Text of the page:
A local authority has been attacked over its plans for a selective licensing scheme which will force landlords or their agents to inspect their properties every month.
Harrow Council is introducing the new scheme in its Edgware ward on November 1 at a cost of up to £550, in an attempt to combat anti-social behaviour.
The council say it is a pilot scheme which could be copied in two other areas, Wealdstone and South Harrow.
As well as monthly inspections, landlords will have to clear litter from outside the properties. In addition, landlords and tenants will have to allow council staff to make checks at just 24 hours’ notice.
The National Landlords Association is warning that the licence conditions will lead to tenants feeling harassed in their homes, and says the conditions are unacceptable for landlords.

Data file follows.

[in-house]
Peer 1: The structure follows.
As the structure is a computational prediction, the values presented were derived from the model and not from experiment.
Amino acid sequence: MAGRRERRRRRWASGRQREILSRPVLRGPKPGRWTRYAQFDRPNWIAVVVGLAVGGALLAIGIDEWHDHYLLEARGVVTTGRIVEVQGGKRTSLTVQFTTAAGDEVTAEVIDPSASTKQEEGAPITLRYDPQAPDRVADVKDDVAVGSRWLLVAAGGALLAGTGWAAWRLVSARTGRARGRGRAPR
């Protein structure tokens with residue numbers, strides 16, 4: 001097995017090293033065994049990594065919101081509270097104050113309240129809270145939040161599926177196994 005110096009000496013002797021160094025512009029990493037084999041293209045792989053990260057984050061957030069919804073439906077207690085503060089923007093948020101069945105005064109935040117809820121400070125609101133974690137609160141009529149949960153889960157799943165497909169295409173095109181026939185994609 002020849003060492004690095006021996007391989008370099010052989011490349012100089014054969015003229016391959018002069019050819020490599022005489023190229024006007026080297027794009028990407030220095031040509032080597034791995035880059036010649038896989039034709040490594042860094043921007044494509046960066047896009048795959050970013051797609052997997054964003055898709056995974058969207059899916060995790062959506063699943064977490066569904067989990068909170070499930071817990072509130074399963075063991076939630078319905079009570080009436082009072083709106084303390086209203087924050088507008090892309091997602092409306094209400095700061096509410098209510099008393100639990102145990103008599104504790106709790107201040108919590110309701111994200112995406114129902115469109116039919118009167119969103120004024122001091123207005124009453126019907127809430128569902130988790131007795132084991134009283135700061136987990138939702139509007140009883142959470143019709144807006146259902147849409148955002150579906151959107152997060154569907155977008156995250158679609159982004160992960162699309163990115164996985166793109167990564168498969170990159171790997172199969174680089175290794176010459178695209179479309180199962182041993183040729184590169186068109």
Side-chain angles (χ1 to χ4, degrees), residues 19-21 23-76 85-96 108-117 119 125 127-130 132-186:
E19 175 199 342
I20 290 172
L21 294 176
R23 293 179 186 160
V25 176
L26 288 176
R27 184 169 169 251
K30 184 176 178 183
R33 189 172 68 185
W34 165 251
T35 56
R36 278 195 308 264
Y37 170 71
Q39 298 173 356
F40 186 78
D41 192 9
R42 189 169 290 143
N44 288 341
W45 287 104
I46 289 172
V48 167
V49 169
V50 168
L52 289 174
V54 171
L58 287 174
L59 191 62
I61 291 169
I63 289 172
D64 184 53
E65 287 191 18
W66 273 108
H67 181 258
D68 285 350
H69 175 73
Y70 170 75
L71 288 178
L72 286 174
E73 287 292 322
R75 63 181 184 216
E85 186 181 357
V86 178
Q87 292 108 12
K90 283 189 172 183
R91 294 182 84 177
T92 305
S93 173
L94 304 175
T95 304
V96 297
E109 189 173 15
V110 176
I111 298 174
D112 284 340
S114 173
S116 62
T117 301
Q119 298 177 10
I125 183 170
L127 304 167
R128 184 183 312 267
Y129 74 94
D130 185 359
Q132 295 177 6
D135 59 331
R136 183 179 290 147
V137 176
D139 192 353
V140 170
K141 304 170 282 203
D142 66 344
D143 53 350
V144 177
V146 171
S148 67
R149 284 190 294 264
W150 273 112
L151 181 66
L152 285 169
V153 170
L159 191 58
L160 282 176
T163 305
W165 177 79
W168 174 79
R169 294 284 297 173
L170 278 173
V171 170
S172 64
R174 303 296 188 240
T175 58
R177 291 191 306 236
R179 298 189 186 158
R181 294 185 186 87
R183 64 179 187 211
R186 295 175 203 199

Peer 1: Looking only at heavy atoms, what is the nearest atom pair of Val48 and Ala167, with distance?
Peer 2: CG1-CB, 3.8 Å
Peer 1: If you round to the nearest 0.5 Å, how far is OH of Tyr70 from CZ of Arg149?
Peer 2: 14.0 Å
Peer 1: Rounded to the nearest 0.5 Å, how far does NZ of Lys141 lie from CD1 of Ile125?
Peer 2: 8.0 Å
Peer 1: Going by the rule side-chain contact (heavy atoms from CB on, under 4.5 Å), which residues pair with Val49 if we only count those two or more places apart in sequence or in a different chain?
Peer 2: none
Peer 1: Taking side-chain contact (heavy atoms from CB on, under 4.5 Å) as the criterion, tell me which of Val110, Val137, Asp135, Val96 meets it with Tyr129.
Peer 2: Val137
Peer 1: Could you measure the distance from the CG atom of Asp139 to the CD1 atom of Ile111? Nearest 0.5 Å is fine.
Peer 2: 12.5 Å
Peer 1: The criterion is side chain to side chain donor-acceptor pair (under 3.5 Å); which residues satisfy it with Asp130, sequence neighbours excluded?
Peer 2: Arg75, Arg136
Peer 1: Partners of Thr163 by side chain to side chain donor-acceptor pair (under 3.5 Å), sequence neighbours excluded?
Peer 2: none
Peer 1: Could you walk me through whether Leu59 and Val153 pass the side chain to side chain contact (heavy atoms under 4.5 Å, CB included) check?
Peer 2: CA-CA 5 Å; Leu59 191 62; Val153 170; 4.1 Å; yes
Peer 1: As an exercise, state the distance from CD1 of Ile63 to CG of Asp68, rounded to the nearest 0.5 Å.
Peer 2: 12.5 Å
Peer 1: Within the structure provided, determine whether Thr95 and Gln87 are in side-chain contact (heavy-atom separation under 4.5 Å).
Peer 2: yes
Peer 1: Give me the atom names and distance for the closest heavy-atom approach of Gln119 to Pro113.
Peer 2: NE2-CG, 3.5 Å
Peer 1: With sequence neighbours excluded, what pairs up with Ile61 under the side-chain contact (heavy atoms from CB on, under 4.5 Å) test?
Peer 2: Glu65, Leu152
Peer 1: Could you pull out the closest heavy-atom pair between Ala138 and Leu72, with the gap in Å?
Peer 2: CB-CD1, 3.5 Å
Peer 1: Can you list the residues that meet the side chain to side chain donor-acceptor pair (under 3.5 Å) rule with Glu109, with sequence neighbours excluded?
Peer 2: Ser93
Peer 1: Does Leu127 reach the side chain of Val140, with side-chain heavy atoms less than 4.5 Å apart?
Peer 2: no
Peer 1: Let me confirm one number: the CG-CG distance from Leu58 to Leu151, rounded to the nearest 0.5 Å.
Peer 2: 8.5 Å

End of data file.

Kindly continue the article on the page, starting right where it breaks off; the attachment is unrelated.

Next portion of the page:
Gavin Dick, the NLAS’s local authority policy officer, said: “The council has the powers it needs to deal with anti-social behaviour in the borough but instead of allocating funding for enforcement they’ve passed the buck by putting the responsibility on to landlords.
“While we agree that private rented properties must be kept up to standard, the council’s conditions will essentially result in the harassment of tenants in their own homes.
“Monthly checks are simply unnecessary and could be considered as breaking a tenant’s ‘right to quiet enjoyment’.
“The council has displayed an incredible lack of understanding of how private housing works. It’s not for the landlord to decide who can have access to their tenant’s home and when.
“Neither is it their responsibility to remove household waste, domestic or otherwise.”